Preston Tylk is an ordinary guy living in Seattle. When he discovers that his wife, Emily, whom he adores, is having an affair, he is devastated. Storming out of the house, he returns later only to find her brutally murdered.
"The Driver" is a specialist in a rare business: he drives getaway cars in robberies. His exceptional talent prevented him from being caught yet. After another successful flight from the ... See full summary »
An unofficial "sequel" to "The Bad Seed", Patty McCormack's "Mommy" is psychotically obsessed with her 12-year-old daughter Jessica Ann -- so much so that when she finds out Jessica didn't ... See full summary »
Max Allan Collins
A women is convinced by her lover to poison her cruel husband, a rich businessman. However, she becomes terrified when she finds the lover dead as well. A sinister PI, who's investigating her husband's disappearance, contacts her.
As her fifth wedding anniversary approaches, a woman realizes that she is fed up with always coming in second to her husband's advertising business. Just at the moment when she is trying to... See full summary »
Christine Penmark seems to have it all: a lovely home, a loving husband and the most "perfect" daughter in the world. But since childhood, Christine has suffered from the most terrible recurring nightmare. And her "perfect" daughter's accomplishments include lying, theft and possibly much, much worse. Only Christine knows the truth about her daughter and only Christine's father knows the truth about her nightmare. Written by
The book Rhoda claims to have won in Sunday School, "Elsie Dinsmore," was a story with religious themes about a pious 8-year-old who, in sharp contrast to Rhoda, was obedient to her elders to an alarming point, even enduring verbal abuse from a nasty parent. It was written by Martha Finley in 1867. See more »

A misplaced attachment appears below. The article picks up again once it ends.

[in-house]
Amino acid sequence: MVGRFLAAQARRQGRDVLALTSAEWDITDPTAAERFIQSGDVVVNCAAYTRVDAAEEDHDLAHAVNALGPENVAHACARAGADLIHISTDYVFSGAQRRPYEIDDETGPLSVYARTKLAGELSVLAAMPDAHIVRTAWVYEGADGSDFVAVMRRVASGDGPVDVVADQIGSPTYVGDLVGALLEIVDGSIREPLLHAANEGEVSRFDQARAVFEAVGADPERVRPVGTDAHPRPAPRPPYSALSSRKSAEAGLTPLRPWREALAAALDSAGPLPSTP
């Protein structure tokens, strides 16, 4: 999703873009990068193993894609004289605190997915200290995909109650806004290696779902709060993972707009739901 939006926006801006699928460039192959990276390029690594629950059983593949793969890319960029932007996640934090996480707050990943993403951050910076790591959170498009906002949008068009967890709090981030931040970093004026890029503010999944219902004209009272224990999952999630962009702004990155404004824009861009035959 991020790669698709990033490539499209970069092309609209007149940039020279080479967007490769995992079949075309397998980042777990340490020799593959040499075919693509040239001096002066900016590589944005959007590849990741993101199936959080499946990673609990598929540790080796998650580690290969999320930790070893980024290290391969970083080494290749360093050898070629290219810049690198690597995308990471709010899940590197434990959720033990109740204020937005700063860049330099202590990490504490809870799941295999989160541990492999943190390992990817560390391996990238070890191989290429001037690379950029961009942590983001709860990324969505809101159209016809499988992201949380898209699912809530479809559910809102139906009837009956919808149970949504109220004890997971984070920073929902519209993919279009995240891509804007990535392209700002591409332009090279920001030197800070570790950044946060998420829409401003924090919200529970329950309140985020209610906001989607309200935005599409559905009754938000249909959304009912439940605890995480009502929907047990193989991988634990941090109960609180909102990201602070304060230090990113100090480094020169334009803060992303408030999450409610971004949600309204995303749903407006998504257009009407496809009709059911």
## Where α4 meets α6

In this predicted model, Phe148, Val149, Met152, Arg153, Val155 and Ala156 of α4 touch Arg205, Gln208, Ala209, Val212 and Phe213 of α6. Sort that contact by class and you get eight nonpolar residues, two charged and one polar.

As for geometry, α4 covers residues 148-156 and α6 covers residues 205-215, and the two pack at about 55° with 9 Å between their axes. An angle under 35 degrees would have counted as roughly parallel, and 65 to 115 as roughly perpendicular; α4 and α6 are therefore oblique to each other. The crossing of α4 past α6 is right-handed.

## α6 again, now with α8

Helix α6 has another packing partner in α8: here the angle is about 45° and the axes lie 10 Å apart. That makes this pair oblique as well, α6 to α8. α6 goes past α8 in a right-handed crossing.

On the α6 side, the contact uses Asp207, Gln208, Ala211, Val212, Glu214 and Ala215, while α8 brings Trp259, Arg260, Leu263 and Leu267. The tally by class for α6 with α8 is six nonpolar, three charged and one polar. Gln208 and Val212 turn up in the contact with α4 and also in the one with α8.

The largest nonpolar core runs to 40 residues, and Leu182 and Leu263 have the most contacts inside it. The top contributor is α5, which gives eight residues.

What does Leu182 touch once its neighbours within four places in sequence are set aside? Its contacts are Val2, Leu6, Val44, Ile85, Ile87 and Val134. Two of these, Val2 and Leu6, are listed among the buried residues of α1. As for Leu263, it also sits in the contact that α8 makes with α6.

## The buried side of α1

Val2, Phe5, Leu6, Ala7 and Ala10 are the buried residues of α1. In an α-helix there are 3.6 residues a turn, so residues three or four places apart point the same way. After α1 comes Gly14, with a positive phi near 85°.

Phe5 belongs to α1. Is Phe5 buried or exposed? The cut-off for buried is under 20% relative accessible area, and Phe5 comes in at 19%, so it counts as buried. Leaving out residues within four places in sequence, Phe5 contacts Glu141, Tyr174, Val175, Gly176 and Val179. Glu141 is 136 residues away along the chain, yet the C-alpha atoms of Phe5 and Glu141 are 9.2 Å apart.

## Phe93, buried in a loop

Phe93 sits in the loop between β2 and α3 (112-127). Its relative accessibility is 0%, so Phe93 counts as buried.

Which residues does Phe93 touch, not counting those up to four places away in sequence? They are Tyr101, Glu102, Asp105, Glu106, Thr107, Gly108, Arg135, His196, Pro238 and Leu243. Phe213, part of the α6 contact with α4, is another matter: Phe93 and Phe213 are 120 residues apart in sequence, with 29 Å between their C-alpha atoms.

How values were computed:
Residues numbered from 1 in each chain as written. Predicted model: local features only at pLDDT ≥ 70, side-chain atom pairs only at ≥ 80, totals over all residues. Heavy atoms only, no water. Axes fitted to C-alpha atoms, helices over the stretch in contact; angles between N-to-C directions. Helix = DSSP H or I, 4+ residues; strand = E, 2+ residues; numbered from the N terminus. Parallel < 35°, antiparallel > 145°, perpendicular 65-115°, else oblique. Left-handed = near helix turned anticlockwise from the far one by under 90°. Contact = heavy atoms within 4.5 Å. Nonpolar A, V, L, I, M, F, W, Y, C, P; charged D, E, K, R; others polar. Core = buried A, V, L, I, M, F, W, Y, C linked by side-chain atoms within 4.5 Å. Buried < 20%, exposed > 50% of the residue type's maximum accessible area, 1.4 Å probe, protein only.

When Christine Penmark and Monica Breedlove fetch the locket, Christine hands it to Monica. When Monica leaves the bedroom a crewman's hand holding a cloth is seen at the bottom left of the bedroom door. See more »
Smooth the wrinkles from your brow my dear, your face is so much prettier when smiling.
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After the finale, a narrator tells the audience "One moment please. And now our wonderful cast." Then, the principal cast members are introduced one by one, like they would be at the end of a play. After that's done with, there's a brief scene in which Nancy Kelly spanks Patty McCormack. See more »
as the mother of the drowned boy.... a performance that must rank with the best of the 1950s. Heckart repeated her stage role in the 1956 film with Nancy Kelly and Patty McCormack as the mother and daughter. Henry Jones (also in the stage production and excellent), Evelyn Varden, Gage Clarke, Paul Fix, Joan Croyden and Jesse White are good in support. Jones and Varden are especially good. William Hopper is and always was BLAH. But Eileen Heckart is superb as the drunken, crushed woman who knows there is something more to her son's death than she is being told. Her two scenes are riveting as she lurches across the room, begging for information, yet totally in control of the situation. Kelly, McCormack, Jones, and Varden are also good (if stagy) in their roles. Kelly seems hopelessly hammy but grows on you even though she seems to be imitating Gloria Swanson in Sunset Boulevard most of the time. Great film, literate, interesting, riveting..... a must!
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